Corporate finance: promissory note loans

In my loose sequence on possibilities of corporate financing, after Sale and Lease Back (here), this time I will turn to the so-called Schuldscheindarlehen (promissory note loan), which has resurfaced from oblivion again since the last financial crisis. Particularly in the current corona crisis, some companies are apparently “sucking up” liquidity with the help of this instrument: Bosch, for example, took out loans with a volume of 2 billion euros by June 2020 by placing a promissory note loan (here), and as recently as April 2020, automotive supplier Schaeffler issued promissory notes with a volume of 350 million euros (here).

1. Basics

From a legal point of view, the “Schuldschein” mentioned in § 344 (2) of the German Commercial Code (“Handelsgesetzbuch“, “HGB“), but not further explained, represents the loan agreement (§ 488 German Civil Code (“Bürgerliches Gesetzbuch“, “BGB“) of the merchant. The borrower’s note is not a debenture (bond) within the meaning of §§ 793 et seq. BGB, nor is it any other (fungible) security, but merely constitutes a document of evidence pursuant to § 371 BGB. In contrast to the syndicated loan agreement, in which several financial institutions conclude a loan agreement with the borrower, a series of identical individual loan agreements are issued to the lenders when promissory notes are issued. The standardization of the loan agreements, the fact that no rating is required and the low costs compared to other types of financing make the borrower’s note loan interesting for companies. The possibility of issuing promissory notes to non-banks, i.e. institutional investors such as pension funds and insurance companies, also broadens the circle of potential lenders.

With the onset of the last financial crisis, the promissory note loan, which until then had tended to be a Sleeping Beauty, has suddenly become more attractive, simply because “normal” financing channels, such as bond issues, were closed during the crisis. Since the financial crisis, the issue volume has been growing steadily and at the end of 2019 was around EUR 27bn (here).

2. Promissory note loans in the corporate crisis

The advantage of the relatively simple issuance of promissory notes is countered by a variety of problems in the crisis of the issuer, which are often not considered when issuing them: For example, in a crisis the issuer faces a large number of creditors who, in contrast to a syndicated loan, for example, have no legal relationship with one another. Thus, contract adjustments for the sake of the restructuring of the company (such as deferrals or interest rate reductions) are only possible with the consent of each individual borrower’s note creditor.

As a rule, borrower’s note loans are not backed by collateral, so that on the other hand, in case of doubt, all that remains for the respective creditor vis-à-vis the crisis company is the threat of extraordinary termination in order to force the borrower to take targeted restructuring steps.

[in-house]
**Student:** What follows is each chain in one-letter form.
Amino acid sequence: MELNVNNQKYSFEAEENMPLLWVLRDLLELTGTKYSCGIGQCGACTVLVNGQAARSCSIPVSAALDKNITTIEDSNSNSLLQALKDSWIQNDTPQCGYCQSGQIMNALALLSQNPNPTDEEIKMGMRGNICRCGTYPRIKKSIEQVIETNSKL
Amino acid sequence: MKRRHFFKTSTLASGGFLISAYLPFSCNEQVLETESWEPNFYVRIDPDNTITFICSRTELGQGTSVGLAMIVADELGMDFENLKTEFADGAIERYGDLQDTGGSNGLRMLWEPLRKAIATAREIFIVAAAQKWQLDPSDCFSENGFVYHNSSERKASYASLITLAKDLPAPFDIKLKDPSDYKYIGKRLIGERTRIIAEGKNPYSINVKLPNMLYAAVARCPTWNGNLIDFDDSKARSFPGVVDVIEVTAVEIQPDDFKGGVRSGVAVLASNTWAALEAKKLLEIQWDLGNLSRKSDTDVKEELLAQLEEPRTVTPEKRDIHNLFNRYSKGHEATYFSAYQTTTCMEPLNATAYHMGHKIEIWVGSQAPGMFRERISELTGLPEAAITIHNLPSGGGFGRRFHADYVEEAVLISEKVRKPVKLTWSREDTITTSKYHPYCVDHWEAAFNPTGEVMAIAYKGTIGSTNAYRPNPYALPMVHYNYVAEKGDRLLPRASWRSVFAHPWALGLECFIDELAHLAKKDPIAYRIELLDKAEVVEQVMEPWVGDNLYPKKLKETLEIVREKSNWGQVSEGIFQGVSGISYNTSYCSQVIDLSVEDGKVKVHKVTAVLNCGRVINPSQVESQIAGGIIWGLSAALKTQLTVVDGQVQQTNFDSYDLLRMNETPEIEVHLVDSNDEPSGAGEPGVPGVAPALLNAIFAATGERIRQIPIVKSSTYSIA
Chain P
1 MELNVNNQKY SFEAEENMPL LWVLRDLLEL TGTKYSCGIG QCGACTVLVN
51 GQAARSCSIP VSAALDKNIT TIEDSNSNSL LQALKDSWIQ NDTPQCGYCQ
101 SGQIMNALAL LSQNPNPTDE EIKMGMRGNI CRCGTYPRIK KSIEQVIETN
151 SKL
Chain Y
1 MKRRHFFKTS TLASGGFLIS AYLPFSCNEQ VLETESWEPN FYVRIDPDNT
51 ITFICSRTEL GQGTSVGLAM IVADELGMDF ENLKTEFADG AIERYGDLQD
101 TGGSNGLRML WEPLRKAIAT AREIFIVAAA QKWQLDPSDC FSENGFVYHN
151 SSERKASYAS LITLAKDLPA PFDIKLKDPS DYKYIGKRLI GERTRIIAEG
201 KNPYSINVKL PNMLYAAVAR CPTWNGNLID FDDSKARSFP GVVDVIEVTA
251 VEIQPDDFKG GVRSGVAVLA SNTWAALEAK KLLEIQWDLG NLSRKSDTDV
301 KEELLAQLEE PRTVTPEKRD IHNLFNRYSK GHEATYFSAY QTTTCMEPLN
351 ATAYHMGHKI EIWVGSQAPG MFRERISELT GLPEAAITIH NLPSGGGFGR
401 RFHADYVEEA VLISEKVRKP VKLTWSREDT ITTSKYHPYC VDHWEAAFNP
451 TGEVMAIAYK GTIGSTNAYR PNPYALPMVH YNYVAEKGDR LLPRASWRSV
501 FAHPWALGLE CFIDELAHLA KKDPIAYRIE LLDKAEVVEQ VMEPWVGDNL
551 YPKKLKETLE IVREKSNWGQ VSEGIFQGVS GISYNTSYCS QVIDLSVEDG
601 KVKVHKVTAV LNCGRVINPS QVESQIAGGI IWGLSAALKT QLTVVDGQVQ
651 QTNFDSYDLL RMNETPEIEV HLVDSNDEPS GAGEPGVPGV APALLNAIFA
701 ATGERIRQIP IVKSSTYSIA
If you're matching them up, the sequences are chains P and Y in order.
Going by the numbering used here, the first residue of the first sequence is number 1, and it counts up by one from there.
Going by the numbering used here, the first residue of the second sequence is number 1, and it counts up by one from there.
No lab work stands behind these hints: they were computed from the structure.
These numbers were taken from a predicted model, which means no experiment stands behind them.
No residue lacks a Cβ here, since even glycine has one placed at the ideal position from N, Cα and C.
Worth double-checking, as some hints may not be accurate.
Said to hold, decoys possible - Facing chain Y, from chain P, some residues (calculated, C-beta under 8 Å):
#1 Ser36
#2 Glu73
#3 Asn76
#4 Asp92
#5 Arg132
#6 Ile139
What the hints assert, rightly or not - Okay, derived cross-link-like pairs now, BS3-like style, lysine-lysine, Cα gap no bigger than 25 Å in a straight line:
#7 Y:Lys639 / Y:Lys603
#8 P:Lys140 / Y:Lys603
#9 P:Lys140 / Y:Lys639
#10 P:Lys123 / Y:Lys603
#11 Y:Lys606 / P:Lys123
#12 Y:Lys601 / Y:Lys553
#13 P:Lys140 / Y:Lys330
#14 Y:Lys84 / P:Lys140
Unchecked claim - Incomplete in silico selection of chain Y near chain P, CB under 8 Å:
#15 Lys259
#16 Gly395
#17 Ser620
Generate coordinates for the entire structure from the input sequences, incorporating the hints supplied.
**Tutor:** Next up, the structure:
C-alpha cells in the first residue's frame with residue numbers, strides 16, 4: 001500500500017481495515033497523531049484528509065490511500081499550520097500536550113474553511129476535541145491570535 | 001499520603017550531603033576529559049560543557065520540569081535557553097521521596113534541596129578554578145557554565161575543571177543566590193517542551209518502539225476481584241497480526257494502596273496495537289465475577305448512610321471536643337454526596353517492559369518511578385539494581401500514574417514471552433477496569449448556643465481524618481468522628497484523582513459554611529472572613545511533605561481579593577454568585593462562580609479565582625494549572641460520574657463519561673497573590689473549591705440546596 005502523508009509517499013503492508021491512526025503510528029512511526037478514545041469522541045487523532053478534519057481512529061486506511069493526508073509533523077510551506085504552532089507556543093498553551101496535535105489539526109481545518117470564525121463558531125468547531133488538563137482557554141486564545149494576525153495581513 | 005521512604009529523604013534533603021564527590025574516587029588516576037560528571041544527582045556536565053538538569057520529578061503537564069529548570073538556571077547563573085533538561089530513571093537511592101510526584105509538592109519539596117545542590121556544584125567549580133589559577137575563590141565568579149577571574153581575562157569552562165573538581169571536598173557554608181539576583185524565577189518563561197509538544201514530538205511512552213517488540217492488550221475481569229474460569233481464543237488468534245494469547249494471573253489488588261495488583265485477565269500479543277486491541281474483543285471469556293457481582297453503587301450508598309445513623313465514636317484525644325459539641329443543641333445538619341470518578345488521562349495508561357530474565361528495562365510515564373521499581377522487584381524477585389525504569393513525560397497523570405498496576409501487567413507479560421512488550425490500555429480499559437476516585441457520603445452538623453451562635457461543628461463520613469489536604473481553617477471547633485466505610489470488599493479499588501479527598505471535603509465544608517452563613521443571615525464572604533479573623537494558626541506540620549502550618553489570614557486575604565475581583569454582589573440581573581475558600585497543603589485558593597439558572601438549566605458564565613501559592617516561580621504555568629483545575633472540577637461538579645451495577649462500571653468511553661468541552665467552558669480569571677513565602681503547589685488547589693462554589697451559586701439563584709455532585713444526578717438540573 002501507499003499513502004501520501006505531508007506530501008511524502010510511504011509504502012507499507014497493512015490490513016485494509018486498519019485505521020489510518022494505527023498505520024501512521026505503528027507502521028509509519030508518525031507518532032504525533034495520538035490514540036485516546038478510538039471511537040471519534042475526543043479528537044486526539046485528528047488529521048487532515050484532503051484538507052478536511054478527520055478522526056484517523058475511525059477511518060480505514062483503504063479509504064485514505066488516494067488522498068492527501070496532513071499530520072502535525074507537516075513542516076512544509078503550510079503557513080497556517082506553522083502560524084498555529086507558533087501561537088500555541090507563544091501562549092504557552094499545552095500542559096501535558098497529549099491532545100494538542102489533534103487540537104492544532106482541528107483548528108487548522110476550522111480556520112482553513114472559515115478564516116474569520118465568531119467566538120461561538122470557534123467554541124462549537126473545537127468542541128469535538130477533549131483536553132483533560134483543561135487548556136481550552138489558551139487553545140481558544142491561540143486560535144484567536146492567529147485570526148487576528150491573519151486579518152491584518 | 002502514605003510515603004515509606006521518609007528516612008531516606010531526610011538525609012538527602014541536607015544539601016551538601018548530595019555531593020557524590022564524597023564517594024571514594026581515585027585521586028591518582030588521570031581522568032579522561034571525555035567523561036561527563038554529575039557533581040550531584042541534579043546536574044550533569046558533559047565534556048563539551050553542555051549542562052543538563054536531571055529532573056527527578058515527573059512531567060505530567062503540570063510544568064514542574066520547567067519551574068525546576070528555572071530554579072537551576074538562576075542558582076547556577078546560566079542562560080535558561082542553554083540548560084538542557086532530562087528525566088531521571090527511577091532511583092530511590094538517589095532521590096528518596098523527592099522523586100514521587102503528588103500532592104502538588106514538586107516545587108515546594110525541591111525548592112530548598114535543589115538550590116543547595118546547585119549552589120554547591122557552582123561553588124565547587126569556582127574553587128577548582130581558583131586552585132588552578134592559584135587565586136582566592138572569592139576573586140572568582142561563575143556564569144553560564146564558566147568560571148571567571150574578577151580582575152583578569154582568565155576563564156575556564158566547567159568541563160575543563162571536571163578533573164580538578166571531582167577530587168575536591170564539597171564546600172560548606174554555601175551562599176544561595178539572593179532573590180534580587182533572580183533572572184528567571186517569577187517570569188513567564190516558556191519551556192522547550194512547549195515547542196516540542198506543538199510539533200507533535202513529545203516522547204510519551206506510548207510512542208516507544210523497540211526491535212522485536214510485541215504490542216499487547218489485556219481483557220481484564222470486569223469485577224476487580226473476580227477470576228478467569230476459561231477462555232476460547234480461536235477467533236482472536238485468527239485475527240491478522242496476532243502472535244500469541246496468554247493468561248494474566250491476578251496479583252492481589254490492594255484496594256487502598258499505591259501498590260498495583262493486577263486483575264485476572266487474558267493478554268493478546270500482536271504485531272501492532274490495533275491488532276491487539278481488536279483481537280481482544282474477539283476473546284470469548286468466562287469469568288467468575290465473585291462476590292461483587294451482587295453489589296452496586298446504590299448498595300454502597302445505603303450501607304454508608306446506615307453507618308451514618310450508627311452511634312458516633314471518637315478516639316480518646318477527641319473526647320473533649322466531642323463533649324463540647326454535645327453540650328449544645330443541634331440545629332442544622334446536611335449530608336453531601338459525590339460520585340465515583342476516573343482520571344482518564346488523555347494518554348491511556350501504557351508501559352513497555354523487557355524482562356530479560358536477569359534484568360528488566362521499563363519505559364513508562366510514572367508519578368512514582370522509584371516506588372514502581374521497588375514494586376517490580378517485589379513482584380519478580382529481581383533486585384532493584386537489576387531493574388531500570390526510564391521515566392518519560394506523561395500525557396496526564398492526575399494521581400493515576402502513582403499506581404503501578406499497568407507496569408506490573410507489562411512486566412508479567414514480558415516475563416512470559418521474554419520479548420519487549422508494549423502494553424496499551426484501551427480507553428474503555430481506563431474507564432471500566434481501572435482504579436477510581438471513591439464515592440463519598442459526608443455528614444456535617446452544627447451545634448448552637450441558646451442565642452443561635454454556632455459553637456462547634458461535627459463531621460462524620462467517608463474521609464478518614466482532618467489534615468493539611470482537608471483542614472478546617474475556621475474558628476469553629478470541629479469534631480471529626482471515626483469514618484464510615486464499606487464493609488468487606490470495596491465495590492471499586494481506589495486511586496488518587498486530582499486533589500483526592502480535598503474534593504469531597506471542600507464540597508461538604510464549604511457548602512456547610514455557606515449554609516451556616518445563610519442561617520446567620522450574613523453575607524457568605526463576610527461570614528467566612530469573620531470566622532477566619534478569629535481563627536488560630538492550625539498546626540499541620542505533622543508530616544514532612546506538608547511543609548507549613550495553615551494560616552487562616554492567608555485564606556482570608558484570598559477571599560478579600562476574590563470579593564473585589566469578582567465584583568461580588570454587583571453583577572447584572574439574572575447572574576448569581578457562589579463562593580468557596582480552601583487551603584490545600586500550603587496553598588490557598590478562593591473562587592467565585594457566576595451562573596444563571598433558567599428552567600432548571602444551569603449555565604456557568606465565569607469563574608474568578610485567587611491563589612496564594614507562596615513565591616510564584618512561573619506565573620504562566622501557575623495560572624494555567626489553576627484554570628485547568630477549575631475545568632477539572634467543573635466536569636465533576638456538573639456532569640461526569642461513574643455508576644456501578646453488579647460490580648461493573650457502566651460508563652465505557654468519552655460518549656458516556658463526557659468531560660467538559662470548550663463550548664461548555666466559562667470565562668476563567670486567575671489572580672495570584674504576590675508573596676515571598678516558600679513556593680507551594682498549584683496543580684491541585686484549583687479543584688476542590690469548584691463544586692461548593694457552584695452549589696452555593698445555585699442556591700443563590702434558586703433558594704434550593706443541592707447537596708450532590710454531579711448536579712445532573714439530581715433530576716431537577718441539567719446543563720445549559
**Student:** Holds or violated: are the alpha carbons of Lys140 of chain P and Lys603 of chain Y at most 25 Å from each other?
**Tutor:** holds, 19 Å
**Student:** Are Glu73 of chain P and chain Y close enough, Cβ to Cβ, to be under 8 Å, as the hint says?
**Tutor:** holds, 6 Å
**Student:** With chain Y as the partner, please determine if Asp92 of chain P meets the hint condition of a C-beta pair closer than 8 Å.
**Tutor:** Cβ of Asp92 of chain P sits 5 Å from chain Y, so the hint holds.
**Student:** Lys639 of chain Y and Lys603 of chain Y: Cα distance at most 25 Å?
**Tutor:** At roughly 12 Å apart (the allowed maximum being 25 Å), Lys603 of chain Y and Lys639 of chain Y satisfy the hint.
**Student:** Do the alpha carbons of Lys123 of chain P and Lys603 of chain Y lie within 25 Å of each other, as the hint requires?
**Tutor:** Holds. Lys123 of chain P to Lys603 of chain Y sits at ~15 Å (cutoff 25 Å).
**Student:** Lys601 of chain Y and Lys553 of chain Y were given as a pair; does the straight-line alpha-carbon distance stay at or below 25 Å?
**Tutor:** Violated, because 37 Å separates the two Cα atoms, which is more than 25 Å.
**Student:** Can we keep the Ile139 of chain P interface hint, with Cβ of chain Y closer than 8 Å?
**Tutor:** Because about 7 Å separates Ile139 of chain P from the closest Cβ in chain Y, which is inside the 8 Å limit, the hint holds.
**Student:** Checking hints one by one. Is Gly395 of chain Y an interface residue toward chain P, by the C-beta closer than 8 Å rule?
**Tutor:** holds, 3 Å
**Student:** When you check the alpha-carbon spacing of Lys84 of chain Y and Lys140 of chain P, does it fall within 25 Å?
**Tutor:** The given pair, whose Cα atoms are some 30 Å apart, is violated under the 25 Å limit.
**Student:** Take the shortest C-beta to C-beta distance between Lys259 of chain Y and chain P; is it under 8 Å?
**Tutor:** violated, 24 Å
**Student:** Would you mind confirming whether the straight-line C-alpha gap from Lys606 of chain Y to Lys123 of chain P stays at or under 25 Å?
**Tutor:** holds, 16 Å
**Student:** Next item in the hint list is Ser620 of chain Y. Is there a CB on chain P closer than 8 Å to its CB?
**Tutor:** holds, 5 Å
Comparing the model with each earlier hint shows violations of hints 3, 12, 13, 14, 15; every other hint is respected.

In addition to the legal reasons for extraordinary termination to which every lender is entitled under §§ 490, 314 BGB, the specific terms of the borrower’s note often provide for other reasons for termination, such as non-compliance with the agreed financial covenants, breach of contractual obligations (e.g. the non-compliance with a negative pledge agreement) or a cross-default.

In contrast to syndicated loan agreements, each borrower’s note creditor alone decides on the exercise of its right of termination. As a result, individual investors may threaten to exercise their right of termination and claim the nominal amount due to them immediately and in full plus interest and any incidental claims. This is particularly risky if the occurrence of such a right of termination or the pronouncement of termination results in termination rights with respect to other financing instruments of the debtor due to the effects of the above-mentioned cross default clauses or third maturity clauses (so-called cross-acceleration).

Termination for good cause is always only permissible within a reasonable period of time after the reason for termination becomes known. Late termination may violate § 242 BGB. An (extraordinary) termination may also constitute an abusive exercise of rights, in particular a termination at an inappropriate time. This restriction of the right of termination is stipulated as a contractual accessory obligation or as a fiduciary duty for all types of contracts in §§ 627 para. 2, 671 para. 2, 675 para. 1 and 723 para. 2 BGB. A termination an inopportune time is deemed to have occurred if it occurs “out of the blue”, i.e. without warning and without giving the borrower the opportunity to refinance, if necessary, or if a restructuring concept is jeopardized by termination, although the restructuring does seem to have merits.

3. Conclusion – think from the end

In view of the problems described here for both sides – i.e. both the issuer and the lenders in the context of a promissory note loan – the crisis situation should be anticipated as early as at the issuance of the promissory note and an attempt should be made to incorporate certain mechanisms into the contract that preserve the ability to act in the crisis. For example, one could consider – following the provisions of the SchVerschrG (the German Bond Act) – already providing for the possibility of a “joint representative” of the promissory note holders in order to facilitate coordination during restructuring.

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